A recent decision by the Third Circuit examined the circumstances under which an arbitrator must decide gateway questions of arbitrability in cases involving challenged loan assignments. In Zirpoli v. Midland Funding, LLC, the plaintiff took a loan pursuant to a contract that contained an arbitration agreement with a delegation clause. The lender then assigned the contract to another company that purchased the plaintiff’s delinquent account from the lender. The assignee tried to collect on the loan, prompting the plaintiff to file a putative class action alleging unlawful collection practices.
The assignee moved to compel arbitration. The district court denied the motion based on a finding that the assignment between the original lender and the assignee was invalid. A panel of the Third Circuit disagreed, holding in a 2-1 decision that a challenge to the legality of the assignment was not a challenge to the formation of the arbitration agreement and did not permit a court to decide whether the arbitration agreement was enforceable.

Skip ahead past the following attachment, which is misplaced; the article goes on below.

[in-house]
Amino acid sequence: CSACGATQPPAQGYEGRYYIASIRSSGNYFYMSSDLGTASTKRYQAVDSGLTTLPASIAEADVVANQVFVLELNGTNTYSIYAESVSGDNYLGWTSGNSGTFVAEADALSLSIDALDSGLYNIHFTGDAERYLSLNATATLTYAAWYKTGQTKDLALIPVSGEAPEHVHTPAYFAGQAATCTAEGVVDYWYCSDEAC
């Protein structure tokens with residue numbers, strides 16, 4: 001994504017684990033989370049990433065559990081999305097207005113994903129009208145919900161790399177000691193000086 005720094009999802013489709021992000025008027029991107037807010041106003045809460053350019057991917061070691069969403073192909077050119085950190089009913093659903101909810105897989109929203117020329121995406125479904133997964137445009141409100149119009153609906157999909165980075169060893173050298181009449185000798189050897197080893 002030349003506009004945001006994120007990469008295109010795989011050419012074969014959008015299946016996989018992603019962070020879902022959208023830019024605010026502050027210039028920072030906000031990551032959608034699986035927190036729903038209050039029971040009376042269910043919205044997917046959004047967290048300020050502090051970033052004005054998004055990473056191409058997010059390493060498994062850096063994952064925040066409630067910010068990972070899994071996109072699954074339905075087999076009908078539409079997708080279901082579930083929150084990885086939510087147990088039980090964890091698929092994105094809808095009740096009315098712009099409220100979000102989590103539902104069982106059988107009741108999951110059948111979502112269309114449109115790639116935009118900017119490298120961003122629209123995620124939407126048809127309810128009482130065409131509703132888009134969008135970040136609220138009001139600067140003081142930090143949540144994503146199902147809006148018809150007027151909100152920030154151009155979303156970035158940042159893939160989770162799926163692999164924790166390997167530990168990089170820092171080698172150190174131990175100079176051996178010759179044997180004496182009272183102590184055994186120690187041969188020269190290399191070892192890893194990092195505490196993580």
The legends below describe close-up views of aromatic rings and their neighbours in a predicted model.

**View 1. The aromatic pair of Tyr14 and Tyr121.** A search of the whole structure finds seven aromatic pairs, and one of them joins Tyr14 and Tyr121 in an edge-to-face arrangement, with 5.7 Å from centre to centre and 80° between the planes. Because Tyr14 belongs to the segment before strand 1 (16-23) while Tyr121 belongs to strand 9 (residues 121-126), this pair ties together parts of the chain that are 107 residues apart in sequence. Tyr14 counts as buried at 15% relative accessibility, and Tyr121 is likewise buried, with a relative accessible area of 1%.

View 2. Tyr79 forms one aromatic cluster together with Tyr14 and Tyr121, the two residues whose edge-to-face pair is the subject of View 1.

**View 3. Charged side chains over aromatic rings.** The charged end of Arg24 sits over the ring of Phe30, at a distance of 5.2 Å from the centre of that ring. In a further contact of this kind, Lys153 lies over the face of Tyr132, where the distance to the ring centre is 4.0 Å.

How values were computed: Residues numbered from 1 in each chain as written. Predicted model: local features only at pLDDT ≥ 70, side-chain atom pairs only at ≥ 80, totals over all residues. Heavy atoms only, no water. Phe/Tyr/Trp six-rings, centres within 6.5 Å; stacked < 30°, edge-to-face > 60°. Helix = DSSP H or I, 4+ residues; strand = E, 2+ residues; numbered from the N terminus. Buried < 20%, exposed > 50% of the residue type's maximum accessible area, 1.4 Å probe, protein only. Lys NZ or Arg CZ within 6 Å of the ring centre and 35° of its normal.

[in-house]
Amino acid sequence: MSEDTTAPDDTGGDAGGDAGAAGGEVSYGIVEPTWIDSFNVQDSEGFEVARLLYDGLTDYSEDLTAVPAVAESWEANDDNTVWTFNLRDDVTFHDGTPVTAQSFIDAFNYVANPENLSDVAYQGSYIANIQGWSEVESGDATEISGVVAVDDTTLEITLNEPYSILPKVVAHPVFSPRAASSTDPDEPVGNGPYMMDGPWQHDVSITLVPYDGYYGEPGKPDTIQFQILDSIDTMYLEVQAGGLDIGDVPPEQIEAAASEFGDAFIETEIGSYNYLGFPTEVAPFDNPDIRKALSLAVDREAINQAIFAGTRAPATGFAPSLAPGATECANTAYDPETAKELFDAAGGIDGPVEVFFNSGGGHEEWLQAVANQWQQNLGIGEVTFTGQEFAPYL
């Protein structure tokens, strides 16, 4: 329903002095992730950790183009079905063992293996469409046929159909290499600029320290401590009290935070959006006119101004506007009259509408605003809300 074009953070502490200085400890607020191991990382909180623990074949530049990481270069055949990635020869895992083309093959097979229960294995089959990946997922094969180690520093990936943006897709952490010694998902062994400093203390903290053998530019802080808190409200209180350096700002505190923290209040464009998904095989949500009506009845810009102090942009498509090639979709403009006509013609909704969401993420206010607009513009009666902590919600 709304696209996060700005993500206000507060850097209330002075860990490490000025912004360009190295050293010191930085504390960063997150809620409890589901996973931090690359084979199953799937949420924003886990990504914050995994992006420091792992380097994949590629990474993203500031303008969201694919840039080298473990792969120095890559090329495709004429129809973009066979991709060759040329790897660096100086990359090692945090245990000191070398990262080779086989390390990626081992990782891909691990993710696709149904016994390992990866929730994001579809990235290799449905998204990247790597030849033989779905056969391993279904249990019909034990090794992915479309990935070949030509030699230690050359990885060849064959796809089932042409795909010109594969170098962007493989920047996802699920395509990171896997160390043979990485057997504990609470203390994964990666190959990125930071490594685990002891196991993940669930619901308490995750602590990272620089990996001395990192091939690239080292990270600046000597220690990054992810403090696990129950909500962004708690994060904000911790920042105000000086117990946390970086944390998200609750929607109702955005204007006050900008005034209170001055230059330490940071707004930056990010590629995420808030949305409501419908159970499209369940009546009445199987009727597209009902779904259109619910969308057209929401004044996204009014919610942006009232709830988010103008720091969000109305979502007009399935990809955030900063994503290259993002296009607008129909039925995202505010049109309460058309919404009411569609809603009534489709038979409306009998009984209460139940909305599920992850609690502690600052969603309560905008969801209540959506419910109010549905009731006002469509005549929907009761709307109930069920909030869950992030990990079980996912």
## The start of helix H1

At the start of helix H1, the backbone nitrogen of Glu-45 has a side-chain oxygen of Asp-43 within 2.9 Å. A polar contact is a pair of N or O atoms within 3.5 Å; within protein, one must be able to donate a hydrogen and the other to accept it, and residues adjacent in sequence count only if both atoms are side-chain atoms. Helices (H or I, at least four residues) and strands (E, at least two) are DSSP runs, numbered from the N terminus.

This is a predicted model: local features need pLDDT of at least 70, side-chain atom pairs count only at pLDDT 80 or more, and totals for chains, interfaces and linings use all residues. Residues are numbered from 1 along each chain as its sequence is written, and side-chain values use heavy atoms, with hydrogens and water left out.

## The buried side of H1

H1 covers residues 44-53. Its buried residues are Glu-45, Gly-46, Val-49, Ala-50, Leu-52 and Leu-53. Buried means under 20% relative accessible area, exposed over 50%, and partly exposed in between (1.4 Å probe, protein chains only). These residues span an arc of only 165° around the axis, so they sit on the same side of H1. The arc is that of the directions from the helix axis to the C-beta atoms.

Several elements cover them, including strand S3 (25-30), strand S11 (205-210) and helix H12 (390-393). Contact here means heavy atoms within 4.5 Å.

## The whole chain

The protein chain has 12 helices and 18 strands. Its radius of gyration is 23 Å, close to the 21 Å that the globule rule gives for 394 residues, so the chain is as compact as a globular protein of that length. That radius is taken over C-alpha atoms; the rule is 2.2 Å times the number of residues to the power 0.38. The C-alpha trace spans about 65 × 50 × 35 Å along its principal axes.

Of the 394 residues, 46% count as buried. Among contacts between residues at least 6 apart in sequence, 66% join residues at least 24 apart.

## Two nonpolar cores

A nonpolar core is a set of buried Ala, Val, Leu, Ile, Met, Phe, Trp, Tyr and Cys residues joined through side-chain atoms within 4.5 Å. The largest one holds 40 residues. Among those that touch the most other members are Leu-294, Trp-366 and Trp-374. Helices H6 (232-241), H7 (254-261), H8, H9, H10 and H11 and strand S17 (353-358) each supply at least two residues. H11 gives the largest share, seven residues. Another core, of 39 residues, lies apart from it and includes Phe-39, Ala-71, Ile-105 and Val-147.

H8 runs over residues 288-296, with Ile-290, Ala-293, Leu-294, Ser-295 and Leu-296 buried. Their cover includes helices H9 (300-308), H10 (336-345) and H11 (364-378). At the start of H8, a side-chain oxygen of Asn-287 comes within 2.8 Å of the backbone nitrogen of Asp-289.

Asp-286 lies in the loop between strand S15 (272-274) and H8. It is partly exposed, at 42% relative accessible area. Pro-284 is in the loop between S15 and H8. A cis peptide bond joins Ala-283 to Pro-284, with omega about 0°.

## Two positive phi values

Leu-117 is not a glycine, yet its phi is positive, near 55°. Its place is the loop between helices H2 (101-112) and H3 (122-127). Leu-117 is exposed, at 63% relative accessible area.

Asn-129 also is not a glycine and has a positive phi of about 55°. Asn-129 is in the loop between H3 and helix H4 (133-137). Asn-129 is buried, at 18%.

In reaching this conclusion, the majority reasoned that a valid delegation clause existed because there was no question that the plaintiff had entered into an agreement to arbitrate disputes with the original lender and its assignees. The majority refused to consider the potential invalidity of the assignment in this analysis, citing Supreme Court precedent prohibiting courts from denying effect to arbitration provisions in potentially enforceable contracts. The majority also observed that deciding the validity of the assignment at this stage would render the threshold question of arbitrability meaningless insofar as it would necessarily decide the merits of the motion to compel arbitration and render any further decision by the arbitrator merely “performative”—a result that would be antithetical to the Federal Arbitration Act.